Note
This was a Meeter Center colloquium.

October 21, 2005

"Progress and Its Discontents – In the History of Life"

Ralph Stearley, Geology, Geography and Environmental Studies Department, Calvin College
Abstract
During the last half of the twentieth century, anti-teleological statements concerning the history of life on Earth and processes which contribute to that history have become commonplace among prominent evolutionary biologists.  The course of evolution is held to be opportunistic and unguided.  On the other hand, many nineteenth-century paleontologists and morphologists sensed the opposite.  Charles Darwin, for example, saw the phenomenon of progress as a problem to be explained, rather than eliminated, by the process of natural selection.  Christians are compelled to believe that the triune almighty God acts in a purposive manner.  Furthermore, scripture records that God regards his creation as "good."  Do these considerations provide encouragement for interpreting the history of life as goal-directed?  Or are all human interpretations flawed by our finite capabilities?  Perhaps the notion of progress is difficult to quantify and to demonstrate with certainty.  On the other hand, the notion of "anti-progress" also provides opportunities for selective data presentation and overconfident conclusions on the part of its proponents.  The attack on the idea of progress elaborated by the late Steven J. Gould is an example of such a misrepresentation of the history of life.  A Christian must believe that while the Creator could have devised some solitary "optimal" taxon, God chose to promote organic diversity.  Thus taxonomic diversity is itself a goal.  That being the case, the provision of created machinery for providing this diversity should be acceptable to a Christian.  Discerning providential supervision of such machinery is a matter of faith interpretation and is inherently no different from faith interpretations of individual life history.

October 28, 2005

"Global Warming and Public Policy"

Matthew Heun, Engineering Department, Calvin College
Abstract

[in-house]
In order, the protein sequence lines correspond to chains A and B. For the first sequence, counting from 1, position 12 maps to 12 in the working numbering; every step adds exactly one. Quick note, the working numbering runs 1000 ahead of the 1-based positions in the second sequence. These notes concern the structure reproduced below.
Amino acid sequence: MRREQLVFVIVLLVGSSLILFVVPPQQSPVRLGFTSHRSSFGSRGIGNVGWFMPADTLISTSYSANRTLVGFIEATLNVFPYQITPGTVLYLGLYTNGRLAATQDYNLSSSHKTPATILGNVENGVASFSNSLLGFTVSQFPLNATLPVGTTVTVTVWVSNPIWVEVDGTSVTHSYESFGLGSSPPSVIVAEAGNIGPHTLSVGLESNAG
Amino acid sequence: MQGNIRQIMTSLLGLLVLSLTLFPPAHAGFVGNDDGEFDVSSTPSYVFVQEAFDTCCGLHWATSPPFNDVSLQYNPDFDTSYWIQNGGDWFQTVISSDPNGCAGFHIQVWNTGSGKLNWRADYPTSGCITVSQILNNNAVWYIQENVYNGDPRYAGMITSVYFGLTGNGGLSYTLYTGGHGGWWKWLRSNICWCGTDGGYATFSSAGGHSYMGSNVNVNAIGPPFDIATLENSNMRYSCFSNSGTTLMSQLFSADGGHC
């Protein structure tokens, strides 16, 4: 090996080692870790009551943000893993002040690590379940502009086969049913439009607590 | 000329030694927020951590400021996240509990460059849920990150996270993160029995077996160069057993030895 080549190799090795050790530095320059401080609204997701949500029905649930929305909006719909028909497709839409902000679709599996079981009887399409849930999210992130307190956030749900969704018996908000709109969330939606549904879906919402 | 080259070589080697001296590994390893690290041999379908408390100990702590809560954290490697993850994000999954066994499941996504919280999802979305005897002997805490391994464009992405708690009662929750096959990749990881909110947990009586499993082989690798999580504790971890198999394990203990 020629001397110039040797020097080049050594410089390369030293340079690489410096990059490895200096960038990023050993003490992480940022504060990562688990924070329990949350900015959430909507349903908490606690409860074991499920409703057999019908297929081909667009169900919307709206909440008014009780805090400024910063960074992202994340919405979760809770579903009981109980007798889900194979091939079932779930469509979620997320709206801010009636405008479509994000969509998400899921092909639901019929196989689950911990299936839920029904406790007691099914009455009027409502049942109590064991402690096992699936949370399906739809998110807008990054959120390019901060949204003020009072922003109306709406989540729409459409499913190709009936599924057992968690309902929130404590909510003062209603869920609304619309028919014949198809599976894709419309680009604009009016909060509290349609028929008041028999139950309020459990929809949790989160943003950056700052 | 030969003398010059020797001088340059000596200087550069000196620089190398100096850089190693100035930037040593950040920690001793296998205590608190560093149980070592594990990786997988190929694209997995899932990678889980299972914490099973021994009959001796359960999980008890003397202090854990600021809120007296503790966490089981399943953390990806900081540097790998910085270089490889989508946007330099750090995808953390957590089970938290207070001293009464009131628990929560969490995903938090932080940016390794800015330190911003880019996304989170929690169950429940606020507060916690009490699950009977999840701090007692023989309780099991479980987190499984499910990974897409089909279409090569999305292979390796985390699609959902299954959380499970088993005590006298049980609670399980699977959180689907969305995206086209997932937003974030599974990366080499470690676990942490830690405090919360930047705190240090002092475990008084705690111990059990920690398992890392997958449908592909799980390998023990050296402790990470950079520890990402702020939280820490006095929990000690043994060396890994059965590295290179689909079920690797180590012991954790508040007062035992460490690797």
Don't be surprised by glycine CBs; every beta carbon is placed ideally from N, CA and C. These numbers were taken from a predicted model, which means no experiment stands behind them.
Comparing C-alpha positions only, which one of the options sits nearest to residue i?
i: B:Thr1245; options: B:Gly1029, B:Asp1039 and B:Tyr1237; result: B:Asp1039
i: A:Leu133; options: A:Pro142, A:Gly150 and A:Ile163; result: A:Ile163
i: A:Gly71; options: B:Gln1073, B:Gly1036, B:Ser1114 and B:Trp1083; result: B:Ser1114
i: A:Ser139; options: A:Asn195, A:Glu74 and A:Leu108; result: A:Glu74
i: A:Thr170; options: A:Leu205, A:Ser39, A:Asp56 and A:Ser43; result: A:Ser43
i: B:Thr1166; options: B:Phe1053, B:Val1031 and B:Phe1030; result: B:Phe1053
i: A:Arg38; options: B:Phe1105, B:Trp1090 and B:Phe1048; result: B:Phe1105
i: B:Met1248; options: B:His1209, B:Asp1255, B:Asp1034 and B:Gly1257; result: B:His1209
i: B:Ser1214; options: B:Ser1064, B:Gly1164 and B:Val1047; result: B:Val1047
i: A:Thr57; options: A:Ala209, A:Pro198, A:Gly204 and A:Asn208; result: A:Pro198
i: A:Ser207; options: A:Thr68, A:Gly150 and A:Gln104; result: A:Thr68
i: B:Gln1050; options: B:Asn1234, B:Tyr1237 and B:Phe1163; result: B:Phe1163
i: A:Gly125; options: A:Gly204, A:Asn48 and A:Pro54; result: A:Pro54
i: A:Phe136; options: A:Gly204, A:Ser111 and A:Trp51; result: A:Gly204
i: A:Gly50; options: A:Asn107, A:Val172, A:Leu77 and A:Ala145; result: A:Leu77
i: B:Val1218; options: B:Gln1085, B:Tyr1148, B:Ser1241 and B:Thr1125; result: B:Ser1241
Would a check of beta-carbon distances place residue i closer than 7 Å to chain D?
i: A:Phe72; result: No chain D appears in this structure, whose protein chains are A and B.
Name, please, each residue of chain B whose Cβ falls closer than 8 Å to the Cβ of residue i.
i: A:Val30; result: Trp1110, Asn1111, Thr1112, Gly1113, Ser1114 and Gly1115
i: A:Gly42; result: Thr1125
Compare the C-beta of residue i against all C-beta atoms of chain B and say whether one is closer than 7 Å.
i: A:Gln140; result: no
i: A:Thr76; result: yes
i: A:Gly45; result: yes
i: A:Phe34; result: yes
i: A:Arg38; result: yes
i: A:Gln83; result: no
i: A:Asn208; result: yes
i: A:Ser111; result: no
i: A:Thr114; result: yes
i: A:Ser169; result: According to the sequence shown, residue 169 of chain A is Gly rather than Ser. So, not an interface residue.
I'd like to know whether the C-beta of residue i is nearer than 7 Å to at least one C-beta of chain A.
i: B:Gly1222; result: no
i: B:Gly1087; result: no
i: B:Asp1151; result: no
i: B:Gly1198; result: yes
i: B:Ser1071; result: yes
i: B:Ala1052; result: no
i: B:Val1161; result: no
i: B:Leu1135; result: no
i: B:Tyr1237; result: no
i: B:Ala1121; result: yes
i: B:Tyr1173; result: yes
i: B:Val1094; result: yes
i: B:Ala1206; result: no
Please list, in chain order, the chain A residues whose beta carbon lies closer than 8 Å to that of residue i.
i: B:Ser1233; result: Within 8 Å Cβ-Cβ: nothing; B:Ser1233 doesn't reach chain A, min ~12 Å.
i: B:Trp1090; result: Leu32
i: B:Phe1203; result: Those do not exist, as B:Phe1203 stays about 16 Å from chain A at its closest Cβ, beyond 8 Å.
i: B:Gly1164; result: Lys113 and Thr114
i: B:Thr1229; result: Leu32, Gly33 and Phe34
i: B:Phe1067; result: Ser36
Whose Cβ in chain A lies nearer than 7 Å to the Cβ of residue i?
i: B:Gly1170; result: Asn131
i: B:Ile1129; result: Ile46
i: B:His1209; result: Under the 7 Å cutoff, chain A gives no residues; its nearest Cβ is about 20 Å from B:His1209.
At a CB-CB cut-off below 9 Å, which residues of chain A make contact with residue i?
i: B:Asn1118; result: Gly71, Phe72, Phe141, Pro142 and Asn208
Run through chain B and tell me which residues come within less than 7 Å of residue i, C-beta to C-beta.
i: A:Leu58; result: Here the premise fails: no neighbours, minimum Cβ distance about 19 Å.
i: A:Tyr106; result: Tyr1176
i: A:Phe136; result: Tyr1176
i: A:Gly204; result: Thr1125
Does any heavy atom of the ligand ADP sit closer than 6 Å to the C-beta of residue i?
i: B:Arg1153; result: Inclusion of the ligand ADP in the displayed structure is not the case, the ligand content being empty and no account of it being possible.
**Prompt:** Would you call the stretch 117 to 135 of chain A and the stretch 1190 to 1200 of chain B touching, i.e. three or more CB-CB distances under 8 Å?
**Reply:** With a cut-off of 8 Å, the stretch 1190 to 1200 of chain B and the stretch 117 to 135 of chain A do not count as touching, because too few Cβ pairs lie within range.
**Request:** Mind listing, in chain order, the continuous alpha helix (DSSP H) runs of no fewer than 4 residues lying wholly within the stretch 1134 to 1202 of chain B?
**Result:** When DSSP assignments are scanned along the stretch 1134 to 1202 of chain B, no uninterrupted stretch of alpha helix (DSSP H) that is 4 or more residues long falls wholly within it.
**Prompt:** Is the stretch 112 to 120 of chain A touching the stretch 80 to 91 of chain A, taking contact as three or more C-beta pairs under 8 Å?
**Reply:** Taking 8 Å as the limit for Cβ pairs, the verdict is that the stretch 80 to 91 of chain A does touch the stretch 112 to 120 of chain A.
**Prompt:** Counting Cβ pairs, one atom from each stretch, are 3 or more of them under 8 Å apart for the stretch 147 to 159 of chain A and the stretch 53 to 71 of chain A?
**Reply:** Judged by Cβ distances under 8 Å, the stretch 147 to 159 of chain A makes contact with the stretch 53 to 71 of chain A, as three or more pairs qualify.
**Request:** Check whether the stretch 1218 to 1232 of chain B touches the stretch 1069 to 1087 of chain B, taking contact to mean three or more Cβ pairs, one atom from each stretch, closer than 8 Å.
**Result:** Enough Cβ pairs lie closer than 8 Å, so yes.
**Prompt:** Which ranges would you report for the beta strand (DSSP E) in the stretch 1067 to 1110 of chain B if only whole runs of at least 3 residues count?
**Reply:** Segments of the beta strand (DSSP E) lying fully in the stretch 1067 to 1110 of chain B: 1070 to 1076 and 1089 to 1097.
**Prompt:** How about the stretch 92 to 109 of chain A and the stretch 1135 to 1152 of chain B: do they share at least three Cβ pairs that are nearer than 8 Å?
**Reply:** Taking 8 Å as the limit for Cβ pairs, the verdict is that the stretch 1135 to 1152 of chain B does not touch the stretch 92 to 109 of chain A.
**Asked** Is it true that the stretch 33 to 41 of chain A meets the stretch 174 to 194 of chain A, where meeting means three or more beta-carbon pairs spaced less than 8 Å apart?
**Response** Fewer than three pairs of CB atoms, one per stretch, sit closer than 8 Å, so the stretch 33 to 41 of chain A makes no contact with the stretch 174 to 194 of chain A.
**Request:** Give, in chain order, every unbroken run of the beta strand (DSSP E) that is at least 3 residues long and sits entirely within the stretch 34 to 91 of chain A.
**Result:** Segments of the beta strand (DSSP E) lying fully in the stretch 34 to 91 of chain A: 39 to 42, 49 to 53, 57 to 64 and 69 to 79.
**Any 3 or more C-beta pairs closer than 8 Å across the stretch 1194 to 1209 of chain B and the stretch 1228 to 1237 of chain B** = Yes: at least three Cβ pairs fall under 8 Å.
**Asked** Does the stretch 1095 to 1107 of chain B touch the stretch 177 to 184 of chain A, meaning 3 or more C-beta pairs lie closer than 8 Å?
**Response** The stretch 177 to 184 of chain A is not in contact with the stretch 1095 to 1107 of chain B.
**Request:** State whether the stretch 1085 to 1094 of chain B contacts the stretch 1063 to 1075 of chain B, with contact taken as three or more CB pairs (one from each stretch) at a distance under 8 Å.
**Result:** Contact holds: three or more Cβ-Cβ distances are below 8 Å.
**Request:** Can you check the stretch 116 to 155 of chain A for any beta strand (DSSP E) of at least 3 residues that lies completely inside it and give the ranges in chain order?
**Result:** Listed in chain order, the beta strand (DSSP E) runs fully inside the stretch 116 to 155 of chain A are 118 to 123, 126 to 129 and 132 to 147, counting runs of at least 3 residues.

Discussions about global warming sometimes become hostile, in part because people do not openly and honestly disclose − to themselves or to others − the values underlying their policy proposals.  I will briefly discuss the scientific mechanisms by which global warming is thought to develop and how this data poses important public policy questions.  Reducing carbon emissions in the near term presumably imposes costs on some people (e.g. higher taxes, higher prices).  Failing to reduce carbon emissions presumably imposes higher costs on other people and on later generations.  I will review existing policy proposals regarding global warming, and I will make a modest proposal for a "meme" that could make discussions of global warming, and other public policy issues, less hostile and more open.

November 3-5, 2005*

"Conference on "The 'Nature' of Belief" at the Prince Conference Center"
Sponsored by the Templeton Foundation and by the Calvin Seminars in Christian Scholarship

November 18, 2005

"Evolution Wars: A Failure to Communicate"

Uko Zylstra, Professor of Biology and former Dean of Natural Sciences, Calvin College
Abstract
It is my contention that a major contributing factor to the "evolution wars," as Time magazine refers to the ongoing debate about the teaching of evolution and intelligent design, is a failure to properly define the meaning of evolution.  The term evolution really has multiple meanings.  Yet when people talk and write about evolution or even the theory of evolution, they seldom distinguish between the various meanings.  So when someone asserts that "evolution is a fact," it is not clear in what sense evolution is a fact.  Further probing will generally make obvious the different degrees of empirical evidence that support the different meanings of evolution.  The result is a deep failure to communicate because different parties talking about evolution do not always use the same meanings of the term.  This also holds for classroom discussions about evolution.  If we are to think critically about the discussion of evolution, creation, and intelligent design, then we need to communicate more effectively by making these important distinctions with regard to the different meanings of evolution.